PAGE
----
Pablo PICASSO in his MOST INTIMATE version

It was in April 1973 that the famous Spanish artist with a solar aura disappeared. Between the studio and the beach, Pablo Picasso reveals himself here like you’ve never seen him before, surrounded by his family and his many artist friends.

Pablo Picasso and Marc Chagall
5 of 10 Pablo Picasso and Marc Chagall in a ceramic workshop in Vallauris, 1948.

6 of 10 Pablo Picasso teaching his son Claude to draw, La Garoupe, Juan-les-Pins, 1955.

Brigitte bardot
7 of 10 Pablo Picasso studying the proportions of Brigitte Bardot’s face, 1950.

Pablo Ruiz Picasso (Malaga, October 25, 1881-Mougins, April 8, 1973) was a Spanish painter and sculptor, creator, along with Georges Braque, of Cubism.

Since the genesis of the 20th century, he has been considered one of the greatest painters who participated in many artistic movements that spread throughout the world and exerted a great influence on other great artists of his time. His works are present in museums and collections throughout Europe and the world. In addition, he dealt with other genres such as drawing, engraving, book illustration, sculpture, ceramics, and set and costume design for theatrical productions. He also has a short literary work.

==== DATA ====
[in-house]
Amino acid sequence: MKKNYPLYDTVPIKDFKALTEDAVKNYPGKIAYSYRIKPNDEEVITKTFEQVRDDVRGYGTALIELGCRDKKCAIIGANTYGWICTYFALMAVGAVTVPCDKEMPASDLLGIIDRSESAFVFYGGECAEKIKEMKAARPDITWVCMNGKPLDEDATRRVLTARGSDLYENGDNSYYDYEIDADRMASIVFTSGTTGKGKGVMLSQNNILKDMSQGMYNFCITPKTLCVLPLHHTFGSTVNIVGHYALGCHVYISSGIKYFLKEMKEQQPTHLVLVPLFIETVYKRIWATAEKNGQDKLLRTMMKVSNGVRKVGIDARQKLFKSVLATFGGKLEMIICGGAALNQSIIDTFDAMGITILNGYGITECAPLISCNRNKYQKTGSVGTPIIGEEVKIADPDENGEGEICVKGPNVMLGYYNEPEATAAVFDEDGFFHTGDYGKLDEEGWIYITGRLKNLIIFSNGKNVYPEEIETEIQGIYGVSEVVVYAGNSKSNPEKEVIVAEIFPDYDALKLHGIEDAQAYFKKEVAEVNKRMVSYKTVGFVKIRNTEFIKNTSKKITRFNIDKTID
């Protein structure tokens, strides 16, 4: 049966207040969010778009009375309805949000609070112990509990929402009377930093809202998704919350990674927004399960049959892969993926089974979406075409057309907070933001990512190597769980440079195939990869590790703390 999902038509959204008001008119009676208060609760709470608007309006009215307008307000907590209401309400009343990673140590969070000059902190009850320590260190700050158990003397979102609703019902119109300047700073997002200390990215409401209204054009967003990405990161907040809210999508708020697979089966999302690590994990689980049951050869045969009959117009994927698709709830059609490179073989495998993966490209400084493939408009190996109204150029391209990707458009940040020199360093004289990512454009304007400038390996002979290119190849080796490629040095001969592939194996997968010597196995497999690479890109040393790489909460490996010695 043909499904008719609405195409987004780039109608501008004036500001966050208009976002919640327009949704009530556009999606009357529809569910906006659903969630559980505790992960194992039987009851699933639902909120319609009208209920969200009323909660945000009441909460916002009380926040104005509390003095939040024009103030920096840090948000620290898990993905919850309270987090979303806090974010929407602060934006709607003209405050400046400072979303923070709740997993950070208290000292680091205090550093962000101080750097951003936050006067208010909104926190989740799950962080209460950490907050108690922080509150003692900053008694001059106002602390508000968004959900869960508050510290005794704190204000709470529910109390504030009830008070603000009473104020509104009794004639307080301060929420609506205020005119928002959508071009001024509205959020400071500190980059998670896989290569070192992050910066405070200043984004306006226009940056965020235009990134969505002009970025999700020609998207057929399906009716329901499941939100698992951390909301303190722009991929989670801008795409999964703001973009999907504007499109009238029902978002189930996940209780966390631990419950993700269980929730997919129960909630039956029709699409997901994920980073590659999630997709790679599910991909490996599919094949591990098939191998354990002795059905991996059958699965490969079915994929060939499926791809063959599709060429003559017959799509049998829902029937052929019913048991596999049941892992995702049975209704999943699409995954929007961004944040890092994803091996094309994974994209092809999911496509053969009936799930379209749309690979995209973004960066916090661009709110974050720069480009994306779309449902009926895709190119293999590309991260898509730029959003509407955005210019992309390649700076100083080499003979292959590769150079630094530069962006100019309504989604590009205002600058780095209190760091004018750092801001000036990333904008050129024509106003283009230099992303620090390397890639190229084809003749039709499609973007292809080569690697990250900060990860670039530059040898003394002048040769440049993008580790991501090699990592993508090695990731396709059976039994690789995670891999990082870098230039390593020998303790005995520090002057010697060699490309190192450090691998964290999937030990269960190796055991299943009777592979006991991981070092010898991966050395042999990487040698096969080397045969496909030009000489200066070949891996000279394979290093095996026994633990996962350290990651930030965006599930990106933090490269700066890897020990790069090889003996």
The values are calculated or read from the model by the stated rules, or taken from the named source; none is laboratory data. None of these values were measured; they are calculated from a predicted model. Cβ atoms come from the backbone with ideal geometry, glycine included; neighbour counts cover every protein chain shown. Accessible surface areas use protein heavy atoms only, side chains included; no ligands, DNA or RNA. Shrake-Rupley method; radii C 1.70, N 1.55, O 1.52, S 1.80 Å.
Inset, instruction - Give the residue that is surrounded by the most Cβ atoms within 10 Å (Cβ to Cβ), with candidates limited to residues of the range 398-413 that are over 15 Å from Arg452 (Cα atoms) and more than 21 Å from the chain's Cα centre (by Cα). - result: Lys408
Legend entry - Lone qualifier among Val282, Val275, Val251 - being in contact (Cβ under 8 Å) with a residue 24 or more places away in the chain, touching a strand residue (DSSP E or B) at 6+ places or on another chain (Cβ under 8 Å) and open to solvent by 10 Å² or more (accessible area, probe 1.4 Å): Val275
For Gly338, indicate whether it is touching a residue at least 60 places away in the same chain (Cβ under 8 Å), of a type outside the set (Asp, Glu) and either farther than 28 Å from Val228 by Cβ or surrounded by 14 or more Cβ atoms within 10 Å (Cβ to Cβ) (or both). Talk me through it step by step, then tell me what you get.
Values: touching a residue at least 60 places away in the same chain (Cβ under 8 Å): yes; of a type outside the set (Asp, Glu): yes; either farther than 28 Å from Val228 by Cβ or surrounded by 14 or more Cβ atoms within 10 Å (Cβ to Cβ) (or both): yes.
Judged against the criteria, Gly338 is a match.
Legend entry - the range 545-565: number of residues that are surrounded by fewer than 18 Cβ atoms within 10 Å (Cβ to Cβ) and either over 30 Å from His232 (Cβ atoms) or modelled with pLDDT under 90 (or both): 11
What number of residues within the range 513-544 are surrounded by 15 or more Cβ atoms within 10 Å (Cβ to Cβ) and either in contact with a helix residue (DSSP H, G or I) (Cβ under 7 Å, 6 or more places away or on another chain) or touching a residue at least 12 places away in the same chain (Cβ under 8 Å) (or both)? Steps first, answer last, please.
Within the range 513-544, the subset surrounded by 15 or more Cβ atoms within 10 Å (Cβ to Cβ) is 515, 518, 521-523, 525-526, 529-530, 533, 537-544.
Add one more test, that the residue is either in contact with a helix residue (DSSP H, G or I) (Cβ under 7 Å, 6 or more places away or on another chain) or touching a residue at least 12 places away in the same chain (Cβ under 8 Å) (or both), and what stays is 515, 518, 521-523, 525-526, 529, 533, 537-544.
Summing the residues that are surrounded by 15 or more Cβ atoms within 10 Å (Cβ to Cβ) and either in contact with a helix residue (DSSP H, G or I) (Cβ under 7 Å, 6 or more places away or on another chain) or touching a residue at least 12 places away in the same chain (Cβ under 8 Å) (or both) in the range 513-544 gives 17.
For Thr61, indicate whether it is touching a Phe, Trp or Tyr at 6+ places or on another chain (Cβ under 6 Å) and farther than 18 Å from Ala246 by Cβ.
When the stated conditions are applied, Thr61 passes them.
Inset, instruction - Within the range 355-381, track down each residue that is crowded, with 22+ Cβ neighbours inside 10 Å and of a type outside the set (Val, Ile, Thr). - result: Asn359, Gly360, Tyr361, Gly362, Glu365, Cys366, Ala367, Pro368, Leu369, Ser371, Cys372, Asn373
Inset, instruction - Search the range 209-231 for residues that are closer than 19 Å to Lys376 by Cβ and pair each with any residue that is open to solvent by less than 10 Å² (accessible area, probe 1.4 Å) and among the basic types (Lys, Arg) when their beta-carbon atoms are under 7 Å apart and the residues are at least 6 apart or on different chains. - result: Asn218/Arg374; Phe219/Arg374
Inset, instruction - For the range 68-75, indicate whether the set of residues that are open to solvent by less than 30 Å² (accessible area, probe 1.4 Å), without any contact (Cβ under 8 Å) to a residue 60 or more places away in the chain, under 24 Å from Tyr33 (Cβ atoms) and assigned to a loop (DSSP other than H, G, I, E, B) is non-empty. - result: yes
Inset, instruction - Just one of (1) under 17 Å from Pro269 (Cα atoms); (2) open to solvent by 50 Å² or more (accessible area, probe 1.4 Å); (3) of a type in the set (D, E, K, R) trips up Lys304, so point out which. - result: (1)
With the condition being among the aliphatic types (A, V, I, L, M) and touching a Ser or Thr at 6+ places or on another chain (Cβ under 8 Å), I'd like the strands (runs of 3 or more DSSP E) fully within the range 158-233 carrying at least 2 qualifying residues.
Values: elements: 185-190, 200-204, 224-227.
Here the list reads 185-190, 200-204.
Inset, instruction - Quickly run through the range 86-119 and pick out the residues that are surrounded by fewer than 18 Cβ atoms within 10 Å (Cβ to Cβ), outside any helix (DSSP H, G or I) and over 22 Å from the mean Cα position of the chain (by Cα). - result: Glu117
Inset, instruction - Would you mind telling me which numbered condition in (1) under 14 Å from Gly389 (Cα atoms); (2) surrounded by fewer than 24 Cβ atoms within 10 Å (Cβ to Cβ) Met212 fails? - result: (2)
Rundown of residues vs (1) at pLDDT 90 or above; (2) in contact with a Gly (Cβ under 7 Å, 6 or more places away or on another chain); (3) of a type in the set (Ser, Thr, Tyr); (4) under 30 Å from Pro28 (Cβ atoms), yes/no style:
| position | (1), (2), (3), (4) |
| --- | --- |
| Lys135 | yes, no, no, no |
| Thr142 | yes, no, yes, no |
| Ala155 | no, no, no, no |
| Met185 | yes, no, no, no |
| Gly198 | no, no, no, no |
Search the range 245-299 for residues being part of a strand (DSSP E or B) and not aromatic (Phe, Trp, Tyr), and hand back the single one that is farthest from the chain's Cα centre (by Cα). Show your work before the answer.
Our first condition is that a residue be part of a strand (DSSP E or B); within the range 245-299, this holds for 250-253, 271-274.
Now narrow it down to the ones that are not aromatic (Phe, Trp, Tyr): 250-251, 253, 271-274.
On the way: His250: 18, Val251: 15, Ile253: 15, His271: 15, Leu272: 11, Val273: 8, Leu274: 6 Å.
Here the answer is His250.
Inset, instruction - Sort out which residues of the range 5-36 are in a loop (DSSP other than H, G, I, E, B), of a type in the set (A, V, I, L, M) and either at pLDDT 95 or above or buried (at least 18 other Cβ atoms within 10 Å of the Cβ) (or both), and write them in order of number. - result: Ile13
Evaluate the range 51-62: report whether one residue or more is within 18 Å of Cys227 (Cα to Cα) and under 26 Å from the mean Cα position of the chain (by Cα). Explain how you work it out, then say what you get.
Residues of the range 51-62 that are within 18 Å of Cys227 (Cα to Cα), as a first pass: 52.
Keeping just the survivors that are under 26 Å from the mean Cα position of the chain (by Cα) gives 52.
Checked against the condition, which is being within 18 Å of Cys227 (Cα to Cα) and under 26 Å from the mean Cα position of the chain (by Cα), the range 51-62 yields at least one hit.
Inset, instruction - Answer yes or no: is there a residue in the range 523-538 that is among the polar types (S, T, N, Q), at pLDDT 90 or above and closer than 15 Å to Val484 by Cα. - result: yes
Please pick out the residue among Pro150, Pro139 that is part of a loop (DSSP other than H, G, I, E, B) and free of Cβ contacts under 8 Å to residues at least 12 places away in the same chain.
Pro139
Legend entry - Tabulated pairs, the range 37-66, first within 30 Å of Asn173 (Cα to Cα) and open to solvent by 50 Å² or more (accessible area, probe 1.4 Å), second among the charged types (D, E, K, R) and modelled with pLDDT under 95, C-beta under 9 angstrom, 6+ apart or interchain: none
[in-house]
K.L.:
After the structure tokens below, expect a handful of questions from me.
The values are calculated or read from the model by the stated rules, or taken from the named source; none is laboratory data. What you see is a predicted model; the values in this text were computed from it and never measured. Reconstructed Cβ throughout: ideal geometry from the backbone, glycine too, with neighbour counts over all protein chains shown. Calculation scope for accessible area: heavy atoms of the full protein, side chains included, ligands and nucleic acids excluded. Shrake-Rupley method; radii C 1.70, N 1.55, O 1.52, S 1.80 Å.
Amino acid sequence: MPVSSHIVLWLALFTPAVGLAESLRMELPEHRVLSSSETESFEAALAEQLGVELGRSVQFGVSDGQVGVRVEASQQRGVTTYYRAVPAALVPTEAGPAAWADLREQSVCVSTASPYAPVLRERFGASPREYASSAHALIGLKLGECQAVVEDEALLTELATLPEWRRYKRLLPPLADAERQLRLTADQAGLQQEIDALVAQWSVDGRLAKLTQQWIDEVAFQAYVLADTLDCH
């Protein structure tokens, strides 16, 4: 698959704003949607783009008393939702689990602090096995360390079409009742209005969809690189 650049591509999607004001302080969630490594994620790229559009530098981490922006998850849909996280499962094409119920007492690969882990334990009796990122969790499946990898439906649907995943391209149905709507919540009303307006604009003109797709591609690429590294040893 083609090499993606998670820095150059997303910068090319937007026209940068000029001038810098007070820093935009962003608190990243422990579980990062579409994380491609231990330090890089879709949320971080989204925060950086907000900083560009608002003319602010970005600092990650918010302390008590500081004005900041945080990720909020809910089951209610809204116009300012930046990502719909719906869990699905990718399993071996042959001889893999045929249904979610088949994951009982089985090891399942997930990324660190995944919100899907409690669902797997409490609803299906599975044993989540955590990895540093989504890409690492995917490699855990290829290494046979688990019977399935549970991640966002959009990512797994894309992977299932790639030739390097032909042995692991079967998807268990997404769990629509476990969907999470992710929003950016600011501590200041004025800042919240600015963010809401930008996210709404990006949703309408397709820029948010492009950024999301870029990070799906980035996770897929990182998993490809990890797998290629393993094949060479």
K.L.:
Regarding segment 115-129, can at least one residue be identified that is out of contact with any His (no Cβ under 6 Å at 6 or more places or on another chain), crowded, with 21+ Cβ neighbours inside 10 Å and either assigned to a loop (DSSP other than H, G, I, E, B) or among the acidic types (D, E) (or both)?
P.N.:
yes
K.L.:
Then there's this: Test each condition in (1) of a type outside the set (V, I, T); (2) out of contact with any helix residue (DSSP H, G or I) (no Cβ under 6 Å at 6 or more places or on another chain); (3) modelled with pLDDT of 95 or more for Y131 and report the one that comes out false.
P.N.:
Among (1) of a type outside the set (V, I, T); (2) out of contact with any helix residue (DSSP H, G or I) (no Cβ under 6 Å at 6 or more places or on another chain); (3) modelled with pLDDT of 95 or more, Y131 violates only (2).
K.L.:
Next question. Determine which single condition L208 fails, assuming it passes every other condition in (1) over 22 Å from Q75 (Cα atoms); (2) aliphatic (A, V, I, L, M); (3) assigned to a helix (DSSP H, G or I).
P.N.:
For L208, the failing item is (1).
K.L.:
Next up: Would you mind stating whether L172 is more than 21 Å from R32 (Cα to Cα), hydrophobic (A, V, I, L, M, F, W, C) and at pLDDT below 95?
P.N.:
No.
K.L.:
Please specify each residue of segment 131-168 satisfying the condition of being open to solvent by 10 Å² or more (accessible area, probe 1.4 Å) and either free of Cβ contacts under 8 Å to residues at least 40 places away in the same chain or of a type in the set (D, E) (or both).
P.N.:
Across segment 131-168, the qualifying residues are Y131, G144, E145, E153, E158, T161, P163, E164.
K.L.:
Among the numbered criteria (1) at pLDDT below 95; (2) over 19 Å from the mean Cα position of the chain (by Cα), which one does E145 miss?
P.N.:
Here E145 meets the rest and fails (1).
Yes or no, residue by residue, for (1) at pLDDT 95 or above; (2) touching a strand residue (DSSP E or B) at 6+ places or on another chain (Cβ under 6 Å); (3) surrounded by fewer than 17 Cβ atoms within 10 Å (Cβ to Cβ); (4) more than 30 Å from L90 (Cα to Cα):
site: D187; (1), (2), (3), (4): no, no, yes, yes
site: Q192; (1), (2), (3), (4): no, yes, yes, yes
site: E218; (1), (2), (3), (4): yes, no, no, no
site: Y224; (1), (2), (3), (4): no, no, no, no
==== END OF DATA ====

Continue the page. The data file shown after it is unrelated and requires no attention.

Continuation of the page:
Politically, Picasso declared himself a pacifist and a communist. He was a member of the Communist Party of Spain and the French Communist Party until his death, which occurred on April 8, 1973 at the age of ninety-one, in his house called “Notre-Dame-de-Vie” in the French town. by Mougins. He is buried in the park of the castle of Vauvenargues (Bouches-du-Rhone).

Malaga Museum of Fine Arts